Dana Dovey: Up to 500,000 people die each year from hepatitis C-related liver disease. New Treatment Has Over 90% Success Rate

Justin Caba: Eating Watermelon Can Help Control High Blood Pressure

The Kosher Gourmet by Joshua E. London and Lou Marmon Don't dare pass over these Pesach picks for Manischewitz!

April 11, 2014

Rabbi Hillel Goldberg: Silence is much more than golden

Caroline B. Glick: Forgetting freedom at Passover

Susan Swann: How to value a child for who he is, not just what he does

Cameron Huddleston: 7 Financial Tasks You Should Tackle Right Now

Sandra Block and Lisa Gerstner: How to Profit From Your Passion

Susan Scutti: A Simple Blood Test Might Soon Diagnose Cancer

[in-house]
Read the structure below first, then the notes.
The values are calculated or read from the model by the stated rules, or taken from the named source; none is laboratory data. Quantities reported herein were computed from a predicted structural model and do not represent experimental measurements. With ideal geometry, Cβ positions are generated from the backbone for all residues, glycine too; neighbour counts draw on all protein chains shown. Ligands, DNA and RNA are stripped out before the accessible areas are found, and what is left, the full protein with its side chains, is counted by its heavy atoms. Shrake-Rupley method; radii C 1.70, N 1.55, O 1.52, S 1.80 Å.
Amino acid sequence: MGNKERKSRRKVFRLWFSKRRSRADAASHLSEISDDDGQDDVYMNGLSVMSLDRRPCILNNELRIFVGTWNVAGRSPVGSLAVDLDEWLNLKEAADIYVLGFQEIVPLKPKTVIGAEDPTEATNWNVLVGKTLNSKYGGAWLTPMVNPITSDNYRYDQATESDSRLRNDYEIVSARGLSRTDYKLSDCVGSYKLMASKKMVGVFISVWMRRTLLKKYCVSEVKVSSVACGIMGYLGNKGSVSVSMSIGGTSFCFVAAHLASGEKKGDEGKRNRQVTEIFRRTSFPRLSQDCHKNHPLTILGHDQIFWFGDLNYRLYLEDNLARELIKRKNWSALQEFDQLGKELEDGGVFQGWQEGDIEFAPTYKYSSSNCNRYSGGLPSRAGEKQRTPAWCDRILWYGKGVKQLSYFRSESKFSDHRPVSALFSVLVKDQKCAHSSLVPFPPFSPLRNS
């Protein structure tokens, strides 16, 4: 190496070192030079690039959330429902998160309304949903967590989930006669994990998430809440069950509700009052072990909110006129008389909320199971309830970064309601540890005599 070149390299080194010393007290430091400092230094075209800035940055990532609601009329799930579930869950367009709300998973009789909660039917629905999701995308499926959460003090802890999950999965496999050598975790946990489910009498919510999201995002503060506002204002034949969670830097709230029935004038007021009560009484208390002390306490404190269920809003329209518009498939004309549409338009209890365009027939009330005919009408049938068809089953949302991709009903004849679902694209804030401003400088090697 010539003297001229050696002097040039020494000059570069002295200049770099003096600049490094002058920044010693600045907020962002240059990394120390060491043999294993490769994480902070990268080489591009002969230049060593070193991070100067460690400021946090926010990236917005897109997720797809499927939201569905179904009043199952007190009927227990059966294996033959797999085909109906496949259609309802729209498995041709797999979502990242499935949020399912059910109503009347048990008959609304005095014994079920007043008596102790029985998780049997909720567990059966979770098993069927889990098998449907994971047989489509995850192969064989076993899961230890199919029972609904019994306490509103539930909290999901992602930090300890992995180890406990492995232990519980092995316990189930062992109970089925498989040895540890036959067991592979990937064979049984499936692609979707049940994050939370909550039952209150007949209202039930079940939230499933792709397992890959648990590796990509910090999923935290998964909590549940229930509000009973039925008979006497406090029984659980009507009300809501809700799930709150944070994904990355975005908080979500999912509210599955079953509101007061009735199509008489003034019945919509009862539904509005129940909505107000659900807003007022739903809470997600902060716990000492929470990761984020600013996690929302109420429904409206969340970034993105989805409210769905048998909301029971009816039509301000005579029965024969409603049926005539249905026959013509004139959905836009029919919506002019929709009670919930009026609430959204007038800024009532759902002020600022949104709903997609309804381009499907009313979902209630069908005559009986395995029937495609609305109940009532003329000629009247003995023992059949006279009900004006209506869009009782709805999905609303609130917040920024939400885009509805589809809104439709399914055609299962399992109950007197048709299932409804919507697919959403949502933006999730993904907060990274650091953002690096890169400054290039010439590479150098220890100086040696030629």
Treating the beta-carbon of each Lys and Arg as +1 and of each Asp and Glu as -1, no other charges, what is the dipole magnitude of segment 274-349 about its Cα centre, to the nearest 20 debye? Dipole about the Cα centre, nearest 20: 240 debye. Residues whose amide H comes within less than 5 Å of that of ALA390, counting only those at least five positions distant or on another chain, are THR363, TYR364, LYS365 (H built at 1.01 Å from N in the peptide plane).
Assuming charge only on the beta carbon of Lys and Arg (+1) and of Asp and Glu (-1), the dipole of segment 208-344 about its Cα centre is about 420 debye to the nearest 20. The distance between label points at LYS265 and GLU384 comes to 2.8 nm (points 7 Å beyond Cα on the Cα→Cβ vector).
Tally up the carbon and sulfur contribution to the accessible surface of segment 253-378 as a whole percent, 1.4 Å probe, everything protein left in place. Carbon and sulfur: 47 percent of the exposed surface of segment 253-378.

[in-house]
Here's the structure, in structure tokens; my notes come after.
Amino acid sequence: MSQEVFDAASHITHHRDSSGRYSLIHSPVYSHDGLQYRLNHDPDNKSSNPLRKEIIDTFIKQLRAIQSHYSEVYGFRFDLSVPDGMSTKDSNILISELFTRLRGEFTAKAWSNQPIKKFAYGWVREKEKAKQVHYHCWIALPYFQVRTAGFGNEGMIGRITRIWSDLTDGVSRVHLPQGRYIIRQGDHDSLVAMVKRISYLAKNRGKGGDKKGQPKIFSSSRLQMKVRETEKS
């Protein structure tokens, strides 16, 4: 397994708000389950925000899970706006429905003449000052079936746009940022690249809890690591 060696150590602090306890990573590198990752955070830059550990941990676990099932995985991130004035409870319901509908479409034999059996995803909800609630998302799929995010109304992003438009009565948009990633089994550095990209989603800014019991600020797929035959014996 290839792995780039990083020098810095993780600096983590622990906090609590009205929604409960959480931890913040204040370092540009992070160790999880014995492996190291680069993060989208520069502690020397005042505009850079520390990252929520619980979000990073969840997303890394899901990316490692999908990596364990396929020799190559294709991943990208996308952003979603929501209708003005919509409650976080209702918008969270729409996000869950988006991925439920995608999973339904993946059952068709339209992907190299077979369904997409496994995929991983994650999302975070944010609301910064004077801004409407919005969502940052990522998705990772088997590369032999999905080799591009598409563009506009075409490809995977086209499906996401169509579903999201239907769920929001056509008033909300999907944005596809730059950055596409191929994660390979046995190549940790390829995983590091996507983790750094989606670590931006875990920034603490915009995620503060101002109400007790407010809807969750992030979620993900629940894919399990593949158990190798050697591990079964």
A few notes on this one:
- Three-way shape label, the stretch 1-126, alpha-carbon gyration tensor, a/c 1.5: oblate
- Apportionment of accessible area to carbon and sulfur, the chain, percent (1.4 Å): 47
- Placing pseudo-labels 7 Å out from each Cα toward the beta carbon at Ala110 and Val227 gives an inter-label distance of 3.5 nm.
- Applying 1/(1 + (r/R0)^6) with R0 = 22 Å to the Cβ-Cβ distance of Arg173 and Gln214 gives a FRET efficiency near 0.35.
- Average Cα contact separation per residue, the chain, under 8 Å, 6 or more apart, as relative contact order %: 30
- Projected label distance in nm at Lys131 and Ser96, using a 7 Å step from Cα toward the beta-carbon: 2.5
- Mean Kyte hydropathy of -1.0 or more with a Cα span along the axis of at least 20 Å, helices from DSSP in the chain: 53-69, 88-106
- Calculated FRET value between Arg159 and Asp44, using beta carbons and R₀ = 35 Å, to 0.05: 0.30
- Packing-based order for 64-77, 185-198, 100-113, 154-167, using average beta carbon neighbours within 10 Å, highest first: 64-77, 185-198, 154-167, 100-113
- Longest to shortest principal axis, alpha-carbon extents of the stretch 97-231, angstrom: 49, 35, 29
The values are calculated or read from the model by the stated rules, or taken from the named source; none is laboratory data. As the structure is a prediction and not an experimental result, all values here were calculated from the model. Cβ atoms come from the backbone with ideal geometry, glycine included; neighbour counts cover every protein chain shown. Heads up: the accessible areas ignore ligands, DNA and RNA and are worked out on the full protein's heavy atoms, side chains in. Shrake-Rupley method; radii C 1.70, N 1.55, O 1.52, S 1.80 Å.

Chris Weller: Have A Slow Metabolism? Let Science Speed It Up For You

The Kosher Gourmet by Diane Rossen Worthington Whitefish Terrine: A French take on gefilte fish

April 9, 2014

Jonathan Tobin: Why Did Kerry Lie About Israeli Blame?

Samuel G. Freedman: A resolution 70 years later for a father's unsettling legacy of ashes from Dachau

Jessica Ivins: A resolution 70 years later for a father's unsettling legacy of ashes from Dachau

Kim Giles: Asking for help is not weakness

Kathy Kristof and Barbara Hoch Marcus: 7 Great Growth Israeli Stocks

Matthew Mientka: How Beans, Peas, And Chickpeas Cleanse Bad Cholesterol and Lowers Risk of Heart Disease

Sabrina Bachai: 5 At-Home Treatments For Headaches

The Kosher Gourmet by Daniel Neman Have yourself a matzo ball: The secrets bubby never told you and recipes she could have never imagined

April 8, 2014

Lori Nawyn: At Your Wit's End and Back: Finding Peace

Susan B. Garland and Rachel L. Sheedy: Strategies Married Couples Can Use to Boost Benefits